The Value of Overcoming Fear in Training

January 2016


When a new student signs up for class they are usually very excited about the prospect of learning Martial Arts. After all, most people have watched a least one Martial Arts movie in which the main character is portrayed as someone who overcomes a situation which is dangerous or difficult with the use of their Martial Arts training. The only problem with this initial interest is that the beautiful moves that you see executed in a film are the product of many years of taking class; and they will not be learned quickly or easily. So the student suddenly faces the prospect of failure; what happens if they do not learn these punches and kicks quickly or easily; what if it is just too hard; what if they just can’t do it?

All these doubts are the product of fear. All that is required of the white belt is that they show up. A wise person once said that a black belt is just a white belt who just kept on showing up for class. Regular training will yield the results we are looking for. Everyone can learn Martial Arts, given the time and the training.


The fear of getting started is primarily psychological. Sometimes we get into ideas like, “What if I don’t get it; I’ll feel dumb”. Or, “What if everyone else is getting it and I look stupid”. If we allow ideas like this get in the way of our Martial Arts training, we probably let similar ideas get in the way of other goals we want to achieve. The trick is to take a deep breath, exhale all the way out and tell ourselves, “I’ll give this my best shot”, then just follow along. The instructors are all used to teaching new students and understand that some things can be tricky to learn at first. However, all of the students at the Dojo, including the Black Belts, had a first lesson, earned their first stripe and graduated in their first belt promotion. As a result we are all sympathetic to the challenges that new beginners face. Similar fears can also arise following a rank promotion. Sometimes the new moves we are excited about learning just seem too hard once we try to do them. Again, the instructors will persevere to teach you. Your job is to persevere to learn.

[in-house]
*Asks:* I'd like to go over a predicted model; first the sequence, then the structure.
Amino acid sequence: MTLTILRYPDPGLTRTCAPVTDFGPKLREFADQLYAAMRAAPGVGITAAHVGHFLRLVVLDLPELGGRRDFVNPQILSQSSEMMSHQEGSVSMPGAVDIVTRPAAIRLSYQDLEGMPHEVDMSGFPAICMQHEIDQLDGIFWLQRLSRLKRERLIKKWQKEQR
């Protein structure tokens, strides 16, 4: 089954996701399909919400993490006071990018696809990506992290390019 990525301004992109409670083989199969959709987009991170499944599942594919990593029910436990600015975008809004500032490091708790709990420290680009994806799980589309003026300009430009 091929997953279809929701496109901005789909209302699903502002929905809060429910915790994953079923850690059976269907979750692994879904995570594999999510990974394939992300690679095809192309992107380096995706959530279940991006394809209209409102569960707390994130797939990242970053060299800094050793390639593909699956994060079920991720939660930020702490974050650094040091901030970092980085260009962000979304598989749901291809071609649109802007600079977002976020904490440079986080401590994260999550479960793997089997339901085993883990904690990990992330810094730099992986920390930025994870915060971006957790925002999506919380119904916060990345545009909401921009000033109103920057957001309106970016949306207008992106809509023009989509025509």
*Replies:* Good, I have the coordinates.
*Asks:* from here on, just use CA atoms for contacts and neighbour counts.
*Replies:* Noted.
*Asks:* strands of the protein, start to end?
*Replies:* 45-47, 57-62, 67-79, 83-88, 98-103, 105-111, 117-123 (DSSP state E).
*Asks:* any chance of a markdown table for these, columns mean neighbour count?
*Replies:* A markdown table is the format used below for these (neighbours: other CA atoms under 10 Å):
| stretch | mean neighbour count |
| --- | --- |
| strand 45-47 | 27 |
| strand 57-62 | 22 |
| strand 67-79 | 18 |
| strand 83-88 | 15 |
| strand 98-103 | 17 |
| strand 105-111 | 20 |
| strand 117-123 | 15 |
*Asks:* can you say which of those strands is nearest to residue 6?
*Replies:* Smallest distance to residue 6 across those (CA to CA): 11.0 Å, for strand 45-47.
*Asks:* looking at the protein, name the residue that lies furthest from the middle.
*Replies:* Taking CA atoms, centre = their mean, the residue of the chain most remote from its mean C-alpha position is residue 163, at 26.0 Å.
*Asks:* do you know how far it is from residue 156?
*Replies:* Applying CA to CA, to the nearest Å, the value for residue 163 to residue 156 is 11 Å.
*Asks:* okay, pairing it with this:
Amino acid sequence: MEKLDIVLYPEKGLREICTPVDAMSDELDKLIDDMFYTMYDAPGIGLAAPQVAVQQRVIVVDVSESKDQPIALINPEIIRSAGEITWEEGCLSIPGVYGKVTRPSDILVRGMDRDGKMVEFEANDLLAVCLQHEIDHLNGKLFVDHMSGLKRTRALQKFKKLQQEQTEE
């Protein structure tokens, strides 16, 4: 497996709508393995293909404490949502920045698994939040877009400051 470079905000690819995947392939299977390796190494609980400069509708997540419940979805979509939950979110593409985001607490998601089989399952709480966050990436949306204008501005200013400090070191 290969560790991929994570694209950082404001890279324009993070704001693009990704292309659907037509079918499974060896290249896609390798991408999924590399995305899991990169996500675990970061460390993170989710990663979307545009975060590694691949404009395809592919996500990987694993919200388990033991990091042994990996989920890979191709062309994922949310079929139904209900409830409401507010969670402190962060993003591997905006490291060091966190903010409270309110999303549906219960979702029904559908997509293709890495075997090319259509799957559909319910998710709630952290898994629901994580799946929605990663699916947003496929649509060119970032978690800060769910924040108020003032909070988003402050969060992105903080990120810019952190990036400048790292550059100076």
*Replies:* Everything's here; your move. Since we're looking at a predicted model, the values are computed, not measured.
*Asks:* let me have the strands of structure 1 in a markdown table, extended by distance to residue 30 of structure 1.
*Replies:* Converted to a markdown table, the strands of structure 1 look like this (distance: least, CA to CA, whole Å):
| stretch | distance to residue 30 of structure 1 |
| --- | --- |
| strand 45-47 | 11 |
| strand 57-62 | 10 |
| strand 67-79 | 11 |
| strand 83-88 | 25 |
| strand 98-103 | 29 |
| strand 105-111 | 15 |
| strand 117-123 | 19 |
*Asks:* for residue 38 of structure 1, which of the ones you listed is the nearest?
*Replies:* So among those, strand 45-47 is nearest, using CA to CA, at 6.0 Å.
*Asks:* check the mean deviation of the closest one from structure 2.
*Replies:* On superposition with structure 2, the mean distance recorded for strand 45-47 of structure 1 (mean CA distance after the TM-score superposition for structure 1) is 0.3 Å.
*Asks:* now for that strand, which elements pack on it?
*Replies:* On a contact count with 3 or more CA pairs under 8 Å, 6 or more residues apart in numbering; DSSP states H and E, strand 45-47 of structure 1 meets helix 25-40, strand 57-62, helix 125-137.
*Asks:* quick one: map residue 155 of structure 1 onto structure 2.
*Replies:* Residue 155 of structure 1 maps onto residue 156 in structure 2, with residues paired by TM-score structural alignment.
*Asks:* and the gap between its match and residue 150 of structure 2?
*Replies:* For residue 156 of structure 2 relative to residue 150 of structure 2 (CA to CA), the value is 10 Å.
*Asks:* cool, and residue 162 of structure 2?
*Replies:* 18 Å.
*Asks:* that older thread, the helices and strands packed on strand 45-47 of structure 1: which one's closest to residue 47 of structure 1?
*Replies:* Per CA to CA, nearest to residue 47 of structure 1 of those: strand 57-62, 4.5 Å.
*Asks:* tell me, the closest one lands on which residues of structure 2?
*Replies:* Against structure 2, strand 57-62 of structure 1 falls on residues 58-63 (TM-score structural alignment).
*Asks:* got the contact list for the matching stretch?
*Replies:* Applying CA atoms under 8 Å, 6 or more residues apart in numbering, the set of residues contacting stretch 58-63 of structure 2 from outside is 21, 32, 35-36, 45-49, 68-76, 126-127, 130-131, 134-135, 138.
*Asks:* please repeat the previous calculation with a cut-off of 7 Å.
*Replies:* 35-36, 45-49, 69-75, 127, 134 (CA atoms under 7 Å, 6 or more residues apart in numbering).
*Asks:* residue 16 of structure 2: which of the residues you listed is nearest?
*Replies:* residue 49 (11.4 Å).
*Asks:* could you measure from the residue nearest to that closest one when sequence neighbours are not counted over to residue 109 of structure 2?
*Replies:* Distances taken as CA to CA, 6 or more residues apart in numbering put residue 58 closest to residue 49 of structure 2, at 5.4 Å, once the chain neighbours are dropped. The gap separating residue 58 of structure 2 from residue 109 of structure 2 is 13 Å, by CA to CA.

Recently I was speaking with a beginner who was frightened about training, in spite of having enjoyed several lessons, and also earning a red stripe. She was put off by seeing some advanced students practicing and thought she would never be able to perform those moves. I had to point out that the techniques she was watching were well above her belt rank, and that by the time she got to that level she would have completed the necessary training to prepare her to learn those drills. We do not need to fear the learning process. No one will make fun of us at the Dojo if some things take time to learn. All of the instructors will patiently teach you everything you need to learn, and continue to coach you in all of the skills as much as necessary for you to master those skills eventually. We all learn best when we approach training with confidence and allow the Sensei to lead us into competence.
Shihan Robert Mason ©2016